State of city ‘strong’
Roughly 375 business and community leaders turned out Tuesday to hear about Suffolk’s past year, its current endeavors and its plan for the future.
The annual State of the City address, a Hampton Roads Chamber of Commerce event, was delivered by Mayor Linda T. Johnson at the downtown Hilton Garden Inn. The event is produced in all five South Hampton Roads cities, and is a chance for the cities’ leaders to highlight the opportunities available in their communities.
“I submit to you the current state of our city is strong,” Johnson said. “It’s clear to see that in Suffolk, we didn’t simply weather the storm. Since we couldn’t change the wind, we adjusted our sails.”
Johnson addressed the growing business ventures in the city in the midst of an economic recession, additional health care options offered in the past year, new public buildings open for service, and some of the people who make the city great.
“We’re fortunate that our city has been more protected from the economic downturn compared to some of our neighbors,” Johnson said. “But, we don’t live on an economic island, and there is no true safe harbor from the ripple effect that we all face.”
Despite the economic troubles that have plagued the nation, however, Johnson reported Suffolk’s environment is “open for business.”
“Indeed, even in these challenging times, there’s lots of good news to report,” Johnson said. Existing and new businesses combined to produce capital investment totaling $112 million in 2009, and more than 500 new jobs were created in Suffolk in 2009.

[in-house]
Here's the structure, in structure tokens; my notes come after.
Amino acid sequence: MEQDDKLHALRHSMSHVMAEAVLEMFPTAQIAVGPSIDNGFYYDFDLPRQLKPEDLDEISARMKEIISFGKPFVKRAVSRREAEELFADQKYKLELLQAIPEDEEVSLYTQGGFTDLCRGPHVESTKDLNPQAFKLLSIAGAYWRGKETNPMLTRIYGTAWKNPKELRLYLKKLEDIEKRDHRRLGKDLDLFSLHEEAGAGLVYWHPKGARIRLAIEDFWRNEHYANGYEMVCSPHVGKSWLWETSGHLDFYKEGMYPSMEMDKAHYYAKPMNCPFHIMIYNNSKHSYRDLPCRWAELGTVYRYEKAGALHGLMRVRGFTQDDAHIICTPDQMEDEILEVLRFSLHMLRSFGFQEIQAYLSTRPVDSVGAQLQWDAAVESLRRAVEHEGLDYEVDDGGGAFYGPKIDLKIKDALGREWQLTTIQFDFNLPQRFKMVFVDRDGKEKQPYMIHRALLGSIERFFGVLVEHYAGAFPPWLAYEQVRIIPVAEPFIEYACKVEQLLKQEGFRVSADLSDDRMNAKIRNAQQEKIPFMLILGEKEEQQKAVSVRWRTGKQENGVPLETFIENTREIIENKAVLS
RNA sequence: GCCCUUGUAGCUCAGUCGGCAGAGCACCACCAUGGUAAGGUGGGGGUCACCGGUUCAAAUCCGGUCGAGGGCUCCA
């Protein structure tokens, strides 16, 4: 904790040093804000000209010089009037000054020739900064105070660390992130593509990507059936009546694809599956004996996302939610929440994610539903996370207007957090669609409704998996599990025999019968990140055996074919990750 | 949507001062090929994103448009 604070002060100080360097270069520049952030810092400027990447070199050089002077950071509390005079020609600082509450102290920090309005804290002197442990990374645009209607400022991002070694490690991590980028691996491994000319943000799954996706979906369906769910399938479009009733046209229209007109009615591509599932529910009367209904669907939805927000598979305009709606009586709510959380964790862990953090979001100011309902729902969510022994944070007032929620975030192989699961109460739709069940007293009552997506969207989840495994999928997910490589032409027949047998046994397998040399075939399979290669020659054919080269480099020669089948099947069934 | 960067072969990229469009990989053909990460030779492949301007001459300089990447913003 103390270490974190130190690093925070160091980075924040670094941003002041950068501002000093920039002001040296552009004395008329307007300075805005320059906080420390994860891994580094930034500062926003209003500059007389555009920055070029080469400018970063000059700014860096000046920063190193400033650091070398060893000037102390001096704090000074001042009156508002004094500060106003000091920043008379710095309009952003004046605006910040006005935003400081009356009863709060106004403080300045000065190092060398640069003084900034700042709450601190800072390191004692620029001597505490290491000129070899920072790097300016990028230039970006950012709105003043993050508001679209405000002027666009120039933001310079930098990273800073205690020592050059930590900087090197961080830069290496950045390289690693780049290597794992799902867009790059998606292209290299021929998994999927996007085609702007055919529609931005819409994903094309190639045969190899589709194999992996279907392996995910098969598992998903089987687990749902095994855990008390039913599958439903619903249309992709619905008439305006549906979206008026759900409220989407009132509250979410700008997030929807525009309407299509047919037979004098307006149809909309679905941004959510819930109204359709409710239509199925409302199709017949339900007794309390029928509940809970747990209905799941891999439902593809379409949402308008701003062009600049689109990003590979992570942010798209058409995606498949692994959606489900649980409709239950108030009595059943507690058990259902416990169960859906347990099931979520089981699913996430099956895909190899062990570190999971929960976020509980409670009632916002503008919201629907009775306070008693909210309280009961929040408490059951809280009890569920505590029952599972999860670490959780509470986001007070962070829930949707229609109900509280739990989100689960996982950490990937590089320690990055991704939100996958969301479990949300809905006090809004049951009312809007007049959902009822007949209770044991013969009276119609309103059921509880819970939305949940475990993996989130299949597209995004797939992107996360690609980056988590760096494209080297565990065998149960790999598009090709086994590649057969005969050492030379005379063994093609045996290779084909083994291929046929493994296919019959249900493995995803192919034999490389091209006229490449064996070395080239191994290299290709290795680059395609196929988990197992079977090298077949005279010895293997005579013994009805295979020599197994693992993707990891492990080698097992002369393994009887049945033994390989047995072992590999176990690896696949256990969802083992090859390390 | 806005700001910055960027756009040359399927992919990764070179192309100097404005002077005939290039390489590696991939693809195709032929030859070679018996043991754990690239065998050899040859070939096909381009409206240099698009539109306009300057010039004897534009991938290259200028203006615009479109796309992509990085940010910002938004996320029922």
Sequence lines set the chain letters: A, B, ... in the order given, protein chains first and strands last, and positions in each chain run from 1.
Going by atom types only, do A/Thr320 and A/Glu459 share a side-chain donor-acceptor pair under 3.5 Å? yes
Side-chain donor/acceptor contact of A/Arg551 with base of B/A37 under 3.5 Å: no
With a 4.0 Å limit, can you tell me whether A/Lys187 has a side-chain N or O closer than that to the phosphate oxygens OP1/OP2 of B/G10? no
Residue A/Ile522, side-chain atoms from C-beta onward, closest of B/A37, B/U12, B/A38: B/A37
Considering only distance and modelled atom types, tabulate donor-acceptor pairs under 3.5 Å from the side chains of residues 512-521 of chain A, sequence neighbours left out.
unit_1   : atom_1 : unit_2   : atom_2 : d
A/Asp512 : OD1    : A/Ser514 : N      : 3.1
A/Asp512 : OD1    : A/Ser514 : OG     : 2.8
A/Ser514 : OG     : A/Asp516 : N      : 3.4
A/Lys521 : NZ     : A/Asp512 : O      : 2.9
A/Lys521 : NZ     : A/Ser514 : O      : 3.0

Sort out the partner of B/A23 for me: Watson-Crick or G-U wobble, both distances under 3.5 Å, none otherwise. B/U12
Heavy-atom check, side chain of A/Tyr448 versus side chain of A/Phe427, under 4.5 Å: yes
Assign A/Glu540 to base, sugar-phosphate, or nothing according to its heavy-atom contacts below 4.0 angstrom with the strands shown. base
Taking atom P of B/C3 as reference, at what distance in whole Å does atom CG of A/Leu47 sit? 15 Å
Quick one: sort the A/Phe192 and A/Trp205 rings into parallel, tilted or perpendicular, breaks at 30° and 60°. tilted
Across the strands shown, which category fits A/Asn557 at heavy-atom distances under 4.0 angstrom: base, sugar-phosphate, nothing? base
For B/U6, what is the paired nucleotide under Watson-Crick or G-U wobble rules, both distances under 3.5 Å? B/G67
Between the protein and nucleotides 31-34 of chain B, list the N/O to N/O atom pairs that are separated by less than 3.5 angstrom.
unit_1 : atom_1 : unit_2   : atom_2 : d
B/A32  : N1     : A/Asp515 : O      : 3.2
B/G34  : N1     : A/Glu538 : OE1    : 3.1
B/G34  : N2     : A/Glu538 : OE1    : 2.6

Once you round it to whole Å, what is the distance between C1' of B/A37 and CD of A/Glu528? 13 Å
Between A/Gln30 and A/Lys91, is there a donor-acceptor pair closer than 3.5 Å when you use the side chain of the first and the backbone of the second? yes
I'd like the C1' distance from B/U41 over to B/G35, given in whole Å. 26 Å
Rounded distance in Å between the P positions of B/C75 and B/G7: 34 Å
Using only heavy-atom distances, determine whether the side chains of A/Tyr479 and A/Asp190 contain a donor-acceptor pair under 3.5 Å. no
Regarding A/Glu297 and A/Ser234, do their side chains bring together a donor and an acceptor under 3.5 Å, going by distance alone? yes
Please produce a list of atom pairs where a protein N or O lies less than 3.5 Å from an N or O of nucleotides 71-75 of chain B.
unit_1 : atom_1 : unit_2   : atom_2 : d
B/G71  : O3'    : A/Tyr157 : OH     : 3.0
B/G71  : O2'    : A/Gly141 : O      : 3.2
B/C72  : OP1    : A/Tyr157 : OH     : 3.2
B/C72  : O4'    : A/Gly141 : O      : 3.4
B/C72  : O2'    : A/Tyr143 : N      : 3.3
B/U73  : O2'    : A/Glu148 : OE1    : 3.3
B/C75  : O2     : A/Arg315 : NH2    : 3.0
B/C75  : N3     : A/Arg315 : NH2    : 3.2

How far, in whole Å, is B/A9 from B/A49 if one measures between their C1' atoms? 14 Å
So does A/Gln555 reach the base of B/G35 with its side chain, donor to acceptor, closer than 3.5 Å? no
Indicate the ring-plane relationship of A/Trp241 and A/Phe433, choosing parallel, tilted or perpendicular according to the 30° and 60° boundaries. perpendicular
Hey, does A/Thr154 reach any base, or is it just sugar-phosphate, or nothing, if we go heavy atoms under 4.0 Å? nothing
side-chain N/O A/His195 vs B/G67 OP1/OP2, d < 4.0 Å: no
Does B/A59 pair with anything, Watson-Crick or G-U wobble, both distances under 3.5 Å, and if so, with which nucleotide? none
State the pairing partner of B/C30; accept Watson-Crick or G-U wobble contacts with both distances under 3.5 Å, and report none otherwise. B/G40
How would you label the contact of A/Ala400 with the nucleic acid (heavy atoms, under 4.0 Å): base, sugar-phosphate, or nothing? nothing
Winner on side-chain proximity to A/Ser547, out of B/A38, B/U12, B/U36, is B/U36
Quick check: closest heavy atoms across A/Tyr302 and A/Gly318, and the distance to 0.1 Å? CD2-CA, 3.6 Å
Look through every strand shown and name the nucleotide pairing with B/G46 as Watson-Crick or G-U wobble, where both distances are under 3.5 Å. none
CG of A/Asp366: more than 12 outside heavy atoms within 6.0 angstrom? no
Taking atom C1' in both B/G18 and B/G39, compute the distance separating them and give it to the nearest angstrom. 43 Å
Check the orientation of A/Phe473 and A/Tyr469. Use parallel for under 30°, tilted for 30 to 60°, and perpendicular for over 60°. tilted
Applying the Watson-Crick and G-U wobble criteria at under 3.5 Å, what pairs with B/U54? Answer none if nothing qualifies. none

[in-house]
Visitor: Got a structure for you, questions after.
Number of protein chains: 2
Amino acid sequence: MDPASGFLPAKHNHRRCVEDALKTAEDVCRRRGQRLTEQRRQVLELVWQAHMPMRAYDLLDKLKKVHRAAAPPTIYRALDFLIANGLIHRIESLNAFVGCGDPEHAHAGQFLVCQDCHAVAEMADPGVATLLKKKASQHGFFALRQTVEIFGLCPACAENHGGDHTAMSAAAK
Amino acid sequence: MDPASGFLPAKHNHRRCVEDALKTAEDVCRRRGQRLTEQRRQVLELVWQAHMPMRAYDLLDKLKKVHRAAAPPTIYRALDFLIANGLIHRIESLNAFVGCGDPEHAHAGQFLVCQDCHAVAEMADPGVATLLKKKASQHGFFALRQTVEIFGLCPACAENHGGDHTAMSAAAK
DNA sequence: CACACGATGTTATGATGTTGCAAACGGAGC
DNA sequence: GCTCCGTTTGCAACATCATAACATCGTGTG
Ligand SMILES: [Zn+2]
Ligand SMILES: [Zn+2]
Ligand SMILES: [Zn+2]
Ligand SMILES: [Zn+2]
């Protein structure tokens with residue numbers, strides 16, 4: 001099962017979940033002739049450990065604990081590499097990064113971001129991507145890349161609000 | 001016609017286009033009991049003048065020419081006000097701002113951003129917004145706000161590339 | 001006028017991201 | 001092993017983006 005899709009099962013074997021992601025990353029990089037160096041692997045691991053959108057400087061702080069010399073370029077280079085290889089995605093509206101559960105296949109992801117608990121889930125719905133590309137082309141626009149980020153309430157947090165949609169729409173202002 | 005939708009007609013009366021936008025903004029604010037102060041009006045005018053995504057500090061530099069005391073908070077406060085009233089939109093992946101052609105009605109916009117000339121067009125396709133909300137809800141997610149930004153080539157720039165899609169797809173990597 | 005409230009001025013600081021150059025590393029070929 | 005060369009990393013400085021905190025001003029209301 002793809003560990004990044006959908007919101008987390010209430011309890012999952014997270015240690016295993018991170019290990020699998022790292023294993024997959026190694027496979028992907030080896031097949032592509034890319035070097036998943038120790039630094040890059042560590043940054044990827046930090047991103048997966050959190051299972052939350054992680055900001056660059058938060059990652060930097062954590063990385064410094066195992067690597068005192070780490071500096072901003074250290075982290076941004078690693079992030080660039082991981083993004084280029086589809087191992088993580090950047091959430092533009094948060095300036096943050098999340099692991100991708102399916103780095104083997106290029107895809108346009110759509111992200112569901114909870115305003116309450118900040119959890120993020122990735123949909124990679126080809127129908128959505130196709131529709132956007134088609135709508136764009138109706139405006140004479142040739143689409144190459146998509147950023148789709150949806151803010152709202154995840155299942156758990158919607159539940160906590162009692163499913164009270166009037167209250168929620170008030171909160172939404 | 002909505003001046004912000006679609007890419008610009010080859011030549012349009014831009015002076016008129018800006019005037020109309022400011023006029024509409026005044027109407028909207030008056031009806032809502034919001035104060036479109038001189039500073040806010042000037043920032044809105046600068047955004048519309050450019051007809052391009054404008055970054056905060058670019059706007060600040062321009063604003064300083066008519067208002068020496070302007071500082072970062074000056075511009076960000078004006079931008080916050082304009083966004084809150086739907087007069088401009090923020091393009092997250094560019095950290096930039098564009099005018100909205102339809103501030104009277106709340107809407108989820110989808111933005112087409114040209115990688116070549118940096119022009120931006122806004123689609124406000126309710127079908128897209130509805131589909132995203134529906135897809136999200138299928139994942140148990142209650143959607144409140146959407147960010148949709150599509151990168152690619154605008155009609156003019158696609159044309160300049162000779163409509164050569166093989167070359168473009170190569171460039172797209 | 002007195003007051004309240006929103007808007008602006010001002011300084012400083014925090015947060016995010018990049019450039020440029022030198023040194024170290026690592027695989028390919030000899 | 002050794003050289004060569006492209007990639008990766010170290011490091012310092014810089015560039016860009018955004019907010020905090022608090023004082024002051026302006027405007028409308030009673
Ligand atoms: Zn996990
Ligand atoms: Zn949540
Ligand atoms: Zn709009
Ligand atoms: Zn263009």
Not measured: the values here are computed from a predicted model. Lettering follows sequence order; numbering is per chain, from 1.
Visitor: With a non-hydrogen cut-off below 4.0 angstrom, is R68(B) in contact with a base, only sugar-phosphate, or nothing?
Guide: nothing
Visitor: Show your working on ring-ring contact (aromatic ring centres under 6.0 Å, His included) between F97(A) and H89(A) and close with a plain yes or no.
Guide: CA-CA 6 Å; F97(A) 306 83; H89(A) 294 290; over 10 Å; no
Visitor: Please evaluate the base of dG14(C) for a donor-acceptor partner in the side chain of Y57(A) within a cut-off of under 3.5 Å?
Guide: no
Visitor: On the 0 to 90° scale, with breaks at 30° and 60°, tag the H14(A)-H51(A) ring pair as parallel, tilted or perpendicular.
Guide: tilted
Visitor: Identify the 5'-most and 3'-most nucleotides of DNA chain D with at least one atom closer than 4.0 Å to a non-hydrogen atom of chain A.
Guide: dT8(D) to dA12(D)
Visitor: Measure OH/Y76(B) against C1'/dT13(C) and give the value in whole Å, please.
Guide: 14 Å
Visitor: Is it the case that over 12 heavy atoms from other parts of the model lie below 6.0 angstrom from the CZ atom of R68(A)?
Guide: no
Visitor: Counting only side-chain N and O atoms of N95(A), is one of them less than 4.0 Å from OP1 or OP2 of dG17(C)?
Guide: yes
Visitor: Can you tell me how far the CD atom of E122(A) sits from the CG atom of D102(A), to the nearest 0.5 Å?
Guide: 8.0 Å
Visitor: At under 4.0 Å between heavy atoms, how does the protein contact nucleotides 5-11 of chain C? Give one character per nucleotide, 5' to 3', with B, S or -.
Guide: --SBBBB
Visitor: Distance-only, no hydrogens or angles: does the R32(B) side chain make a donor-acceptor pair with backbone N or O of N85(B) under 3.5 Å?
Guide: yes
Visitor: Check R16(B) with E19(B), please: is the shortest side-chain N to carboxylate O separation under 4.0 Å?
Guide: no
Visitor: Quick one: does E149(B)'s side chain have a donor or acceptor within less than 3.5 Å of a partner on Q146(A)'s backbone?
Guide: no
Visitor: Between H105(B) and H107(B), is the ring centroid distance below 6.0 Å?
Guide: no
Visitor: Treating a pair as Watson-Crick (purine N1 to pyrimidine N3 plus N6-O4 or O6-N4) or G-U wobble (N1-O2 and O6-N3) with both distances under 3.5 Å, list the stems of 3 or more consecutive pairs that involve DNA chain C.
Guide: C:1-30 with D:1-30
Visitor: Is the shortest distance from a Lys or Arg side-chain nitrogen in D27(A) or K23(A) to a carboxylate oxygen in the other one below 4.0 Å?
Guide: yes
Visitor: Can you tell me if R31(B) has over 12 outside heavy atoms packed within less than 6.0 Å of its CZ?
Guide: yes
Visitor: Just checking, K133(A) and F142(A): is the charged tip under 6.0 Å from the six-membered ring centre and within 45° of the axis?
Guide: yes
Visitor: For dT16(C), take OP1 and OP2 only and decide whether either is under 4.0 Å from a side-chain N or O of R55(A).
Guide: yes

Johnson mentioned the many existing businesses that expanded or did major renovations in the past year, as well as new businesses that set up house in Suffolk.
Health care options also played a big part in growth, Johnson said.
“Evident throughout our expanding and new businesses are the vast number of health care choices now available in our city,” Johnson said. “It’s obvious that not only are we a growing city, but also we’re a city who cares about the health and wellbeing of its citizens.”
She highlighted new facilities for Riverfront Family Medicine and Specialty Care, North Suffolk Family Medicine, Nansemond Pediatrics and the Obici Health Care Foundation, as well as expansions for Sentara Obici Hospital and Bon Secours Health Center at Harbour View.
Furthermore, Johnson called attention to the burgeoning modeling and simulation industry in the city.
“We are honored to be the location of choice for a number of high-tech firms working with the United States Joint Forces Command,” Johnson said. “We’ve taken the opportunity to establish a technology zone to further encourage this sector to develop and diversity for our city.”
Johnson also honored people in her speech, from 2010 First Citizen honoree Dr. Douglas Naismith to new Suffolk police officer Angela McRae. McRae, 60, found the Suffolk Police Department in a job fair after retiring from the financial industry.
In addition to Johnson’s speech, the event also included a video highlighting much of the city’s growth, luncheon for the attendees and a dessert reception. Money from ticket sales went to help cover expenses for the event, said Suffolk Chamber of Commerce director Dean McClain.
“Yes, it’s been a challenging, eventful year as we all navigate uncharted waters, both on a local, state, national and worldwide level, but we can’t wait on the shoreline and expect the storm clouds to pass over us,” Johnson said. “We must continue the course we’ve set to achieve our goals.”